My instinctive reaction to Blair becoming the first European President is to hate the idea. After all, we’ve only just got a rid of him as our Prime Minister and if he immediately re-appears as the President of Europe, due to some deal done with other countries, it will do far more damage to the reputation of the European Union within the UK than anything else that has happened before. But it isn’t just that. A large part of it is that he took us to an illegal war in Iraq, so to then be ‘rewarded’ by giving him another powerful job just doesn’t seem right. Although whilst on this subject, we shouldn’t forget that the other front runner – former Dutch Prime Minister Jan Peter Balkenende – was also in favour of the war. He also appears to have too many fingers in too many other pies at the moment, and with the government that he used to lead still in power, (albeit with a different Prime Minister), it would make him far too close to the government of one country.
But when I think about it, he might actually do the job well. Whilst his time as Prime Minister didn’t exactly show him as someone who takes the lead on European issues, if he was freed from the need to win over the voters of the UK, he might actually be quite bold. He has been more than happy to shake up the constitution of the UK and so may not be afraid of doing this in the European Union, and as a result actually do some things that would be welcomed by many people in the UK and the rest of Europe, whether pro-European or Eurosceptic. Appointing Blair, as opposed to a nonentity that no one else has heard of, might actually make sure the job is one that people sit up and take notice of and as a result make sure that the president is someone who is listened to around the world. Whilst opinion will be divided on what he has to say, that is surely a good thing. Balkenende, for all his probable merits, won’t achieve that for some time. Blair is also a very good communicator and he usually comes in to his own when difficult political decisions have to be taken as this is usually when he comes in to his own and performs very well. He would also work well with people throughout the political spectrum.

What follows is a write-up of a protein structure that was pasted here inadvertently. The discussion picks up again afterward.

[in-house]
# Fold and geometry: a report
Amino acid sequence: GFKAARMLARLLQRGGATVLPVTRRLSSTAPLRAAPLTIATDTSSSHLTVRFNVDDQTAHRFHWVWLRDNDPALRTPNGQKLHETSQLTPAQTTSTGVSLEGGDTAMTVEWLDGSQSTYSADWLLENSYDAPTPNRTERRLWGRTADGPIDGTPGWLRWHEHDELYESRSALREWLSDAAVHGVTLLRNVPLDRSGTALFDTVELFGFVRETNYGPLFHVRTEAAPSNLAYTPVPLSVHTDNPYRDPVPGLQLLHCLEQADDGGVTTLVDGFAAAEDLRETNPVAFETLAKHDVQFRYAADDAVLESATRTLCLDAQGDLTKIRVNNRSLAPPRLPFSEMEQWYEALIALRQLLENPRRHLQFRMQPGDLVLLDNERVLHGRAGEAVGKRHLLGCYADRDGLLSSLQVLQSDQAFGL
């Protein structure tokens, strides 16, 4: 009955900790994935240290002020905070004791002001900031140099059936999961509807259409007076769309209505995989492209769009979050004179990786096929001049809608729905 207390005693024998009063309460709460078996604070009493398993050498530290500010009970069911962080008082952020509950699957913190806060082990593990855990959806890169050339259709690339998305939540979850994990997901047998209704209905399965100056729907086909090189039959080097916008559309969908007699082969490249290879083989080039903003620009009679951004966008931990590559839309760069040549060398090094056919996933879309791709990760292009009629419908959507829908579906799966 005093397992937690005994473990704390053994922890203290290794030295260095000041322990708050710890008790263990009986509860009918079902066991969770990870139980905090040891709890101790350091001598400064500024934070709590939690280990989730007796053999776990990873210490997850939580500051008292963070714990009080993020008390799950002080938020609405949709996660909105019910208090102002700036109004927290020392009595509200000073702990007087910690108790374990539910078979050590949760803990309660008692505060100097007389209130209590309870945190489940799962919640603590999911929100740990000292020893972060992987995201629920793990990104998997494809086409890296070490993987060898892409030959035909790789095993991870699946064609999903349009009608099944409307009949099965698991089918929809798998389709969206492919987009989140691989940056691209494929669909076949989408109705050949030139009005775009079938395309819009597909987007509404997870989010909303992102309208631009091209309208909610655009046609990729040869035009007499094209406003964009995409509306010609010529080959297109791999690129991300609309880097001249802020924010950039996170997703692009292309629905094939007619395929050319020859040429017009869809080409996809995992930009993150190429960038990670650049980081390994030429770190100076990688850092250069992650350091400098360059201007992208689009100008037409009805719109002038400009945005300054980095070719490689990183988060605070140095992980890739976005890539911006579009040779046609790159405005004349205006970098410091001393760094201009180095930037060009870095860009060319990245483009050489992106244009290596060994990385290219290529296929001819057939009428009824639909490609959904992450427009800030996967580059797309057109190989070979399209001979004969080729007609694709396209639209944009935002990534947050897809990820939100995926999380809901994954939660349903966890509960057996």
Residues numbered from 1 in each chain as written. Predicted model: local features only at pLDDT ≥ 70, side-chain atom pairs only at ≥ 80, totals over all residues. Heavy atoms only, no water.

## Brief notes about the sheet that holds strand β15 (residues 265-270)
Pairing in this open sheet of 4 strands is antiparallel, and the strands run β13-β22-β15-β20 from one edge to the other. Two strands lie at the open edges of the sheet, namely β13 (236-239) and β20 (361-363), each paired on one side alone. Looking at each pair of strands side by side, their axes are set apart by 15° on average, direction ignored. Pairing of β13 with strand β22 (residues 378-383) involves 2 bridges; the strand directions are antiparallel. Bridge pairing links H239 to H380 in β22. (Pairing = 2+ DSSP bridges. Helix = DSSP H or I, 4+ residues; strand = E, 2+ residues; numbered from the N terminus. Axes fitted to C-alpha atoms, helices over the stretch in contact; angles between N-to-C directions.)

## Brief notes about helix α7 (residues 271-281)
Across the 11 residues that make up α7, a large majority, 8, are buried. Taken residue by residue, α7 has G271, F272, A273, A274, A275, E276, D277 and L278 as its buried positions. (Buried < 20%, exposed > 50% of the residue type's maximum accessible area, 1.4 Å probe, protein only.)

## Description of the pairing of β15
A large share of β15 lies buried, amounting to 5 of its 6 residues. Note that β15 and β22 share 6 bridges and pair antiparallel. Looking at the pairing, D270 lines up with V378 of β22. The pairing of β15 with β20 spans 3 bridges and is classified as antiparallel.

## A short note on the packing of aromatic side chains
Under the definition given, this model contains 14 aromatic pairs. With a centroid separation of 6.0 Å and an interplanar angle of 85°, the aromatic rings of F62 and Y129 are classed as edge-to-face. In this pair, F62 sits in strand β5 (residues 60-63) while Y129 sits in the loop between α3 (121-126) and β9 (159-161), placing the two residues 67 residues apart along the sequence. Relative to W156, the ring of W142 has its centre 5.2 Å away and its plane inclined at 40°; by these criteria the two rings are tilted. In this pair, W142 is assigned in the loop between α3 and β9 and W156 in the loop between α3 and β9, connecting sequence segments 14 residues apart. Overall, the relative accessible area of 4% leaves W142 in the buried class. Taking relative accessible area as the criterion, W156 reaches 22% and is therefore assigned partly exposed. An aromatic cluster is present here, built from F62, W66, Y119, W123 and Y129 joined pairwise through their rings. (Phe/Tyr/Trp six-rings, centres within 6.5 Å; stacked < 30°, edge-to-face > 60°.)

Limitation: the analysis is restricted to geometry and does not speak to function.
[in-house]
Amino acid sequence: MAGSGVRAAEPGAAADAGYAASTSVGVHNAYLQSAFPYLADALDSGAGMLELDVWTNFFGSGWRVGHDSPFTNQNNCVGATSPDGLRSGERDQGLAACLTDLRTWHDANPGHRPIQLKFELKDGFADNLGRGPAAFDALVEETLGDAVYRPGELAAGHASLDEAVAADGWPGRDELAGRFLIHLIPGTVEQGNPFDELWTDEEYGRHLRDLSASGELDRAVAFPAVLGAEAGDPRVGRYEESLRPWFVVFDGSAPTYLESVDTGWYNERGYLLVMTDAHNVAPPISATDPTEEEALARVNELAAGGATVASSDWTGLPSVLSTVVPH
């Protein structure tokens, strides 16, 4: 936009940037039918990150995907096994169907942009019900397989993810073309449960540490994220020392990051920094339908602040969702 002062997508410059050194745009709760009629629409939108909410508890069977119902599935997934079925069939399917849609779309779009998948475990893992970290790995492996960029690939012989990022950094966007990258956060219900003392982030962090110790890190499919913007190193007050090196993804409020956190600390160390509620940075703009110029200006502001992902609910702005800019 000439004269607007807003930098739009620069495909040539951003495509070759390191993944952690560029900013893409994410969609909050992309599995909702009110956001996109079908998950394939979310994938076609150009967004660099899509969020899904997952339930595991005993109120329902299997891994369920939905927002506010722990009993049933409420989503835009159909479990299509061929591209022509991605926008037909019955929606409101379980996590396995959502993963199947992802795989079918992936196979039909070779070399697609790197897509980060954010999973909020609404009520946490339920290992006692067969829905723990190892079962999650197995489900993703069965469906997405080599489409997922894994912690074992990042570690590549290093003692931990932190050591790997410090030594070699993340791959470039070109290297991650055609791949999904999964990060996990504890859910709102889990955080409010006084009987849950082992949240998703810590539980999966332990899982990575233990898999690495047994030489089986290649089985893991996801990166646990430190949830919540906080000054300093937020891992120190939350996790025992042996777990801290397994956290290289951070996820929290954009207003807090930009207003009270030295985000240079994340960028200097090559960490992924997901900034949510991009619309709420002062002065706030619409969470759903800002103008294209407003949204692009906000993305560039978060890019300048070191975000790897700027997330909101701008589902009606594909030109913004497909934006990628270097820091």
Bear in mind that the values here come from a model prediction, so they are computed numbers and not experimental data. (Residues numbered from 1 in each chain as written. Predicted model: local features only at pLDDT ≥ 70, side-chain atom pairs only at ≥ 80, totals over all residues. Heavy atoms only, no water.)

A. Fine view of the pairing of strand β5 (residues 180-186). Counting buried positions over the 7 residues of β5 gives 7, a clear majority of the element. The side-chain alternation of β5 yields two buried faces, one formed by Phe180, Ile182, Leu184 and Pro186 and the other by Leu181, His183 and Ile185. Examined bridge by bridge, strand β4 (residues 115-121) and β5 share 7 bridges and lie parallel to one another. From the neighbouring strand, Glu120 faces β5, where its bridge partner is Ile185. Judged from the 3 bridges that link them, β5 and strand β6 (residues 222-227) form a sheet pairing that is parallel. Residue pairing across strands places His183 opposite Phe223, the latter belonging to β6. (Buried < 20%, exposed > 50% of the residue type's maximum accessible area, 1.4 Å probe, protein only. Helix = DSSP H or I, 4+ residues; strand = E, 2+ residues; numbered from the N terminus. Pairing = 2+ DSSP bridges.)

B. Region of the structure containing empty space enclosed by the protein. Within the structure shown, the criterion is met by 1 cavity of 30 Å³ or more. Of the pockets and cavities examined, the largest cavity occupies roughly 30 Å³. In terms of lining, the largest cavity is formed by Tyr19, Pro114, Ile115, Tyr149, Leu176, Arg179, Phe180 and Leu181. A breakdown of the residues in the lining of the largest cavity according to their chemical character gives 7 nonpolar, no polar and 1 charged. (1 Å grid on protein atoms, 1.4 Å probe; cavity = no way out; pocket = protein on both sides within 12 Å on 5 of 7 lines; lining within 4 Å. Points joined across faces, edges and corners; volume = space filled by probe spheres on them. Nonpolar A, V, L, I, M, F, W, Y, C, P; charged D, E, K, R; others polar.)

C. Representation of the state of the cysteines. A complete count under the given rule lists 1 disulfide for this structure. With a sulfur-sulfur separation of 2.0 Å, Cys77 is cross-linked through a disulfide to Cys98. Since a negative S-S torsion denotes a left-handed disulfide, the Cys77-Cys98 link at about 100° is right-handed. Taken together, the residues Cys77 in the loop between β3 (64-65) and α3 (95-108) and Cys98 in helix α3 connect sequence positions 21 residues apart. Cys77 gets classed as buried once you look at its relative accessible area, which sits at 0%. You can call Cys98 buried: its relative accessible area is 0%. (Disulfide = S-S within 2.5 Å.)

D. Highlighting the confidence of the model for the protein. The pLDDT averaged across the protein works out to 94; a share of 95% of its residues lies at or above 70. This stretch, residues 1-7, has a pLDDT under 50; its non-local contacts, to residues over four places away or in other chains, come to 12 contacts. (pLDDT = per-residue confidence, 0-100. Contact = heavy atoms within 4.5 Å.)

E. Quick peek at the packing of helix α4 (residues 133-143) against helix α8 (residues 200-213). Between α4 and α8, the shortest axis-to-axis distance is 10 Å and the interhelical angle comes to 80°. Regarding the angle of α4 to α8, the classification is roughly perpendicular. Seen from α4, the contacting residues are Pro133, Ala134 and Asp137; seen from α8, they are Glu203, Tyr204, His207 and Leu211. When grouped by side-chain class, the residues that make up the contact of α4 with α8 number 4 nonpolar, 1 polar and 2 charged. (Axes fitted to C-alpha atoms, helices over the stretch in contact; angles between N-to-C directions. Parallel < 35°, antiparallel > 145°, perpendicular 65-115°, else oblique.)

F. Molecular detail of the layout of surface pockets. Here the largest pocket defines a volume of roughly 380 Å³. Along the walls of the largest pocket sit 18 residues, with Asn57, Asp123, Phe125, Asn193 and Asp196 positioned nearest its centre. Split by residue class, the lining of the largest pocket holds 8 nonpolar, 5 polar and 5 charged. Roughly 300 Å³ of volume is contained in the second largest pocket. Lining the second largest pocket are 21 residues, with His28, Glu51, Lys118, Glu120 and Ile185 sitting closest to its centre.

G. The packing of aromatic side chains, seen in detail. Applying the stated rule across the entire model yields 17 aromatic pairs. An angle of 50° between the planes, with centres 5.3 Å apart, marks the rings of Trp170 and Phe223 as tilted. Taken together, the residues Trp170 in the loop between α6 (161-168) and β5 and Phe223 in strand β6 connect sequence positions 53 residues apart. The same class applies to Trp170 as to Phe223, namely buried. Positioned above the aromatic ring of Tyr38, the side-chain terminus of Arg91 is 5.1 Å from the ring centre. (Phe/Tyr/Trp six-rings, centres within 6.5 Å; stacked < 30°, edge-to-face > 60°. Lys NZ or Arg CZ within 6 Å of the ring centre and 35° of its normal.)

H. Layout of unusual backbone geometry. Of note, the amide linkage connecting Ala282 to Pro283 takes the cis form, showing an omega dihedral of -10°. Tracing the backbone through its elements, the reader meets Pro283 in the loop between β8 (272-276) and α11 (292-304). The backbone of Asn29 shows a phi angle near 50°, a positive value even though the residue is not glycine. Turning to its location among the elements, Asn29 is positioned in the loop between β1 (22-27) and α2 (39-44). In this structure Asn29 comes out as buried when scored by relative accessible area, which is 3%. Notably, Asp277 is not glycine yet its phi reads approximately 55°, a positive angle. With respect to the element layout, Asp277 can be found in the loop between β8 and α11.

Nick Clegg has proposed Chris Patten or Paddy Ashdown, both of whom would probably do the job well and Paddy will be known by some people around Europe due to his role in Bosnia Herzegovina. One early suggestion, although she has since said she doesn’t want to be nominated, was Mary Robinson. Although I don’t know her views on Europe, I can see some merits to her having the job. After all, she is from a smaller European country, she was quite an outspoken yet popular politician in her own country, and she will be known in government circles for her position as a former United Nations High Commissioner for Human Rights. But from a UK perspective, an English speaking president would also appeal to the general public more readily.
The big problem is that the decision comes down to wheeling and dealing between the different national leaders. If we are to have the post of European President, (and obviously that is a whole other issue that is worthy of a post of its own), then I would far rather the decision was made more openly and with people judged on their individual merits rather than a bland choice that is acceptable to the majority. That after all is just what happens with the current choice for President of the European Commission. Either it should be a direct election by the voters of Europe or it should be a vote by the European Parliament. With that, the decision would be based on the ideology and beliefs of the candidate, (and their view on the future direction of Europe and the things over which the EU has responsibility), their personal qualities and capabilities, rather than the lowest common denominator, and it would be open for people to see.